Specialty Motors for Corrosive Environments
by Rick Halstead
Empire Magnetics, Inc.
In the motion control industry, hostile environments often require specially-designed motors to combat corrosion, and a small company in Rohnert Park, California has built an entire business around this industry need.
Empire Magnetics, Inc., a manufacturer of stepping motors for the motion control industry, is using stainless steel alloys with varying nickel chromium content to manufacture models that will be used underwater and in other environments where ordinary motors are unsuitable.
The company is using alloys ranging from 303 stainless for ordinary submerged applications, to 316 stainless for exposure to caustic or marine environments.
In a recent application, engineers at Arnold Air Force Base were were assigned to identify and qualify motors suitable for use in a vacuum chamber at cryogenic temperatures. The specification called for small motors operating in a vacuum of 10-7 Torr at liquid hydrogen temperatures (24o Kelvin). Angular position feedback was a requirement to accommodate closed loop velocity and position controls.
Two major design problems are inherent in this type of application. The first involves the vaporization of lubrication and insulation materials at low pressure. The second problem has to do with the behavior of materials at very low temperatures. The stress of large temperature changes, low temperature brittleness, and varying contraction rates of dissimilar materials work to degrade the structural integrity of motors manufactured from conventional materials.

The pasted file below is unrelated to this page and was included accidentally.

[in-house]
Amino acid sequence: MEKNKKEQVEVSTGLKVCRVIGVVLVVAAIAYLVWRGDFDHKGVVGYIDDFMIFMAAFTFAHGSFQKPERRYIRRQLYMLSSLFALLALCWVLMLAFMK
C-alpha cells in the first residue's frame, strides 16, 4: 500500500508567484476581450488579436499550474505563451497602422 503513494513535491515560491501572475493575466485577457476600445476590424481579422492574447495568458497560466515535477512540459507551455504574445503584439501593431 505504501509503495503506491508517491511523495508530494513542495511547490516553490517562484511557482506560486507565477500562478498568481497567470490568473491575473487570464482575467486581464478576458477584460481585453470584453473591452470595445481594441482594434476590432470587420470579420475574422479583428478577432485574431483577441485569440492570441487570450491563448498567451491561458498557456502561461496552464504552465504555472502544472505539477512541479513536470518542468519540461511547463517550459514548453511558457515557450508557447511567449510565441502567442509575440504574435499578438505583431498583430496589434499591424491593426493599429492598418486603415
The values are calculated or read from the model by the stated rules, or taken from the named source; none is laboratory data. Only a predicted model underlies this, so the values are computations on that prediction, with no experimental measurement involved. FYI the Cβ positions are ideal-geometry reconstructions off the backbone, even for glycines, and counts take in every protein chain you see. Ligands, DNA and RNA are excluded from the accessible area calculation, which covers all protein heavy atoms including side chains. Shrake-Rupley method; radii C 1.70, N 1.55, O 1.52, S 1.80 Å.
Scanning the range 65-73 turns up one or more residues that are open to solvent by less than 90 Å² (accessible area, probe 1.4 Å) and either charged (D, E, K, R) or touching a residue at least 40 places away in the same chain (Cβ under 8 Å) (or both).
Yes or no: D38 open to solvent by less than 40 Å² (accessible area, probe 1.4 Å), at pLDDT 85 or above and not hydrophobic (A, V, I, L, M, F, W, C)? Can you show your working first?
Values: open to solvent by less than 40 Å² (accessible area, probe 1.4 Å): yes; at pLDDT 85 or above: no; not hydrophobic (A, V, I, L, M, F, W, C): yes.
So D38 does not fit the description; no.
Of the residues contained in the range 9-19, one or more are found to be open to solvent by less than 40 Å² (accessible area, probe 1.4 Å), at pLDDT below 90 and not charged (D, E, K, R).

Empire Magnetics, among other suppliers, contracted to provide a motor for evaluation. A 57 mm diameter step motor was combined with a feedback resolver to meet the unique requirements of the application. Both devices were housed in an exotic nickel chromium steel alloy frame, selected for thermal stress resistance and dimensional stability. Resolver technology was selected for the feedback system due to the similarity of resolver components with those of the motor.
When used with readily-available motion control electronics, this package would provide shaft positioning resolution of 25,000 increments per revolution of the motor shaft with a feedback resolution of up to 16,384 increments per revolution.
To reduce outgassing at low temperature, insulation materials were made of selected polymers. Magnet and lead wire materials were carefully specified to avoid outgassing or fracture. Bonding agents normally used to build the motors were replaced with adhesives having a low coefficient of thermal expansion.
Each of the metal components of the motor was examined in detail. AlNiCo (Aluminum Nickel Cobalt) magnets were selected in favor of rare earth combinations, since AlNiCo retains magnetic properties better at low temperatures. Stainless steel ball bearings, lubricated with dry film, were used for the same reason. All machined metal parts were stress-relieved.
Sixteen different motors were submitted for testing by multiple vendors. The motor submitted by Empire Magnetics was one of only two operable devices. Finally, the successful functioning of the resolver made Empire Magnetics' stainless steel unit the only complete assembly to operate as required by the original specification.
An edited version of this article first appeared in the March 1991 edition of Nickel Magazine, 15 Toronto Street, Suite 402, Toronto, Ontario M5C 2E3, CANADA.